By Pini Jason
TWICE in recent times, the media have speculated that President Goodluck Jonathan was poised to reshuffle his cabinet. As usual, the reported consequence of such speculation was that ministers were feverish with anxiety. On the one hand, during such intervals of uncertainty, public officers lose the confidence to step out and do their work.
A minister may receive the shocking news of his or her removal from office in the middle of a meeting, a negotiation or while on one of the frequent overseas trips. On the other hand, those who want to do business with the government may hold back until the cabinet change is over so as to know who really they are negotiating with. In all these, programme implementation suffers.
Speculation about cabinet reshuffle elicits yet another reaction among the ministers and the public. Ministers who regard their portfolios as grade “B”, do everything, including intense lobbying, hiring of prayer warriors and marabouts to get grade “A” ministries during the reshuffle, while those with “juicy” ministries take similar steps to retain them.
Those who have concluded that they would be dropped decide to make hay while the sun still shines and the nation is the loser.
This is also a time when godfathers swing into action to either secure the retention of their obedient surrogates or seek the sacking of a recalcitrant “godson” who no longer dances to the tune of the puppeteer! Friends, relations, contractors and hangers-on keep vigils to see if their own man or woman lands a “juicy” ministry.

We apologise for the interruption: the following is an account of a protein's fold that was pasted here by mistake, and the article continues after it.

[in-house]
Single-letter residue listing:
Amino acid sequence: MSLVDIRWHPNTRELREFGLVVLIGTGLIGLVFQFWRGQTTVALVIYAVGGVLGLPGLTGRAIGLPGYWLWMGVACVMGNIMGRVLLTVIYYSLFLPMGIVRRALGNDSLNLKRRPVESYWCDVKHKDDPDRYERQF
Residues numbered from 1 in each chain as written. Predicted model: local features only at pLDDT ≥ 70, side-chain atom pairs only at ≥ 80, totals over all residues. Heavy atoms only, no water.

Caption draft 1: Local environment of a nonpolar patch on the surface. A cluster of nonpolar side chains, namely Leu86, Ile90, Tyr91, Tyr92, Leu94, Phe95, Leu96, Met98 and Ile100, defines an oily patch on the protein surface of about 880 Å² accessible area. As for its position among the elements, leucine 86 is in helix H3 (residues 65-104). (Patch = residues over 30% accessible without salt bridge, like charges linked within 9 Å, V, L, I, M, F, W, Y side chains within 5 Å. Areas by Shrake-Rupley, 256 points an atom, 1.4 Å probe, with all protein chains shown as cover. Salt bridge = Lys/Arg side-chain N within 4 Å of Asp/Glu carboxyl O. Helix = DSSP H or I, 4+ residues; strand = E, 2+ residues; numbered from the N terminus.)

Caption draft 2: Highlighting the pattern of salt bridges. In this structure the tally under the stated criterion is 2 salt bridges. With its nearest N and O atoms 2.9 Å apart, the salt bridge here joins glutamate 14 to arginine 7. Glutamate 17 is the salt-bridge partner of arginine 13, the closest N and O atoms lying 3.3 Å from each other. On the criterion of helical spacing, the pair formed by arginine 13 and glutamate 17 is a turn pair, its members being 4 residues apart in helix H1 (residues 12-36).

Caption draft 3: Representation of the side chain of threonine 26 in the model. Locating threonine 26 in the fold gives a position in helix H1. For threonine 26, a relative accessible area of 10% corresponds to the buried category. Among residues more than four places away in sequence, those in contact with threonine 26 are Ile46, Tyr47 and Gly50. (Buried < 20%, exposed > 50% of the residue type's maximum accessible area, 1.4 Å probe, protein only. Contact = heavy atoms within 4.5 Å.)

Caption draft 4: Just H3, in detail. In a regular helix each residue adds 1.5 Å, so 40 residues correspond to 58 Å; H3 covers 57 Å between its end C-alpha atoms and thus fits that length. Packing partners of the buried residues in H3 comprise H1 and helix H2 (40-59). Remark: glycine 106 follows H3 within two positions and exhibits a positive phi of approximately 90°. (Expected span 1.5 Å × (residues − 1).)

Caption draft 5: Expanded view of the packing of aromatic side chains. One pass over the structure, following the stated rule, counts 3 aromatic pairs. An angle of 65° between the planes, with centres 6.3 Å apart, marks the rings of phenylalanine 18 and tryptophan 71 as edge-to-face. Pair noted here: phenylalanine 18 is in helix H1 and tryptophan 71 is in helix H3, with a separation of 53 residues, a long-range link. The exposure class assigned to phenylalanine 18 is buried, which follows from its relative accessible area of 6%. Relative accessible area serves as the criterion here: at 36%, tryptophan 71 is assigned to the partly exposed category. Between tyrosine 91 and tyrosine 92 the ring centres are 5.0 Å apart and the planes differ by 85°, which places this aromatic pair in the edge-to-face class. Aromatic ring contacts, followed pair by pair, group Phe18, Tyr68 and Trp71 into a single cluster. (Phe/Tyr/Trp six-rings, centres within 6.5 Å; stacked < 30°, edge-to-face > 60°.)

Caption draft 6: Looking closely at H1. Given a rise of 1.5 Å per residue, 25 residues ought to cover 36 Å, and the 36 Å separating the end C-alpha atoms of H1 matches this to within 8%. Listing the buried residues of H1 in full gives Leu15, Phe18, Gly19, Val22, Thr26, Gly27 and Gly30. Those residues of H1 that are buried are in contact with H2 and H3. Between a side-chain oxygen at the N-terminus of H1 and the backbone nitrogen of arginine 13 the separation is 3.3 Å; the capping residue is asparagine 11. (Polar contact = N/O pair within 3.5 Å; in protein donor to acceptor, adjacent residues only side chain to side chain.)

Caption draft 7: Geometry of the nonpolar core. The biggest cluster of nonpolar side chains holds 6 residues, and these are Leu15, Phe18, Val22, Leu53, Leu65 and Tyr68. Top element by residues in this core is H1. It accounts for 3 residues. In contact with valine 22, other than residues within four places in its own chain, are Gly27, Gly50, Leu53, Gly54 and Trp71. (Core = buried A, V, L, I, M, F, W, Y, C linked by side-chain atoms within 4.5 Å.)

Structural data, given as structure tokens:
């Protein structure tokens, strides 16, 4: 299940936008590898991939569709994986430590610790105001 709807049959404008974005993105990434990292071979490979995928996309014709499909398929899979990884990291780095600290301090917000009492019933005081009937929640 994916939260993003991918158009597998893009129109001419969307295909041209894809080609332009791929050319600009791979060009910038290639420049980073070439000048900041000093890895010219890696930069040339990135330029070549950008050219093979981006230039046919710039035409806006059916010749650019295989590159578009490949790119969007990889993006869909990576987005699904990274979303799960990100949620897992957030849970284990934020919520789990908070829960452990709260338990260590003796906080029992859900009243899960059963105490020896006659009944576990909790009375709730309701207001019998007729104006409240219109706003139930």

They also consult prophets and diviners to “cancel” the dropping of their favourite man or woman from the cabinet.
Abrupt and frequent cabinet change is one of the hangovers of the military era. The military logic is to shock and overawe as well as spread the base of support by assimilating new people. We all recall how some ministers or military Governors/administrators sat in Council meetings where their replacements were announced without a word about the incumbent’s fate.
There is a story of a man whose family visited in a state where he headed a Federal agency in the state. He dropped by the military Governor’s office to inform him that he was seeing off his family to the airport to catch a flight back to Lagos. The military Governor, a personal friend of the man, even came out of his office to wish the family a safe flight.
The poor chap was on his way back from the airport when he heard on the car radio the appointment of a replacement without a word about his fate. Such brusque culture habitually exhibited by President Olusegun Obasanjo during his reign is still with us!
New ministers -new policies
It is unfortunate that we are speculating about the reshuffling of a cabinet that is barely a year old. If this speculation turns out to be true, it translates to an indictment on the performance of the cabinet. Some of the Ministers are still trying to get a grip on their assignment.
This is manifesting in the slow action that Nigerians are complaining about now. A few round pegs in round holes have initiated programmes they need to see through. New ministers finding their way into such ministries may start all over with new “policies” or “blueprints”.
They may reduce the programme to their standard or understanding, install new contractors and cronies of their own, mess up the programme or worse still, abandon it completely! Again, this speculated change comes at a time the President is yet to sign the 2012 Budget, almost half way into the year! A minister may be saddled with implementing a budget he does not know the philosophy behind its proposal and he did not defend.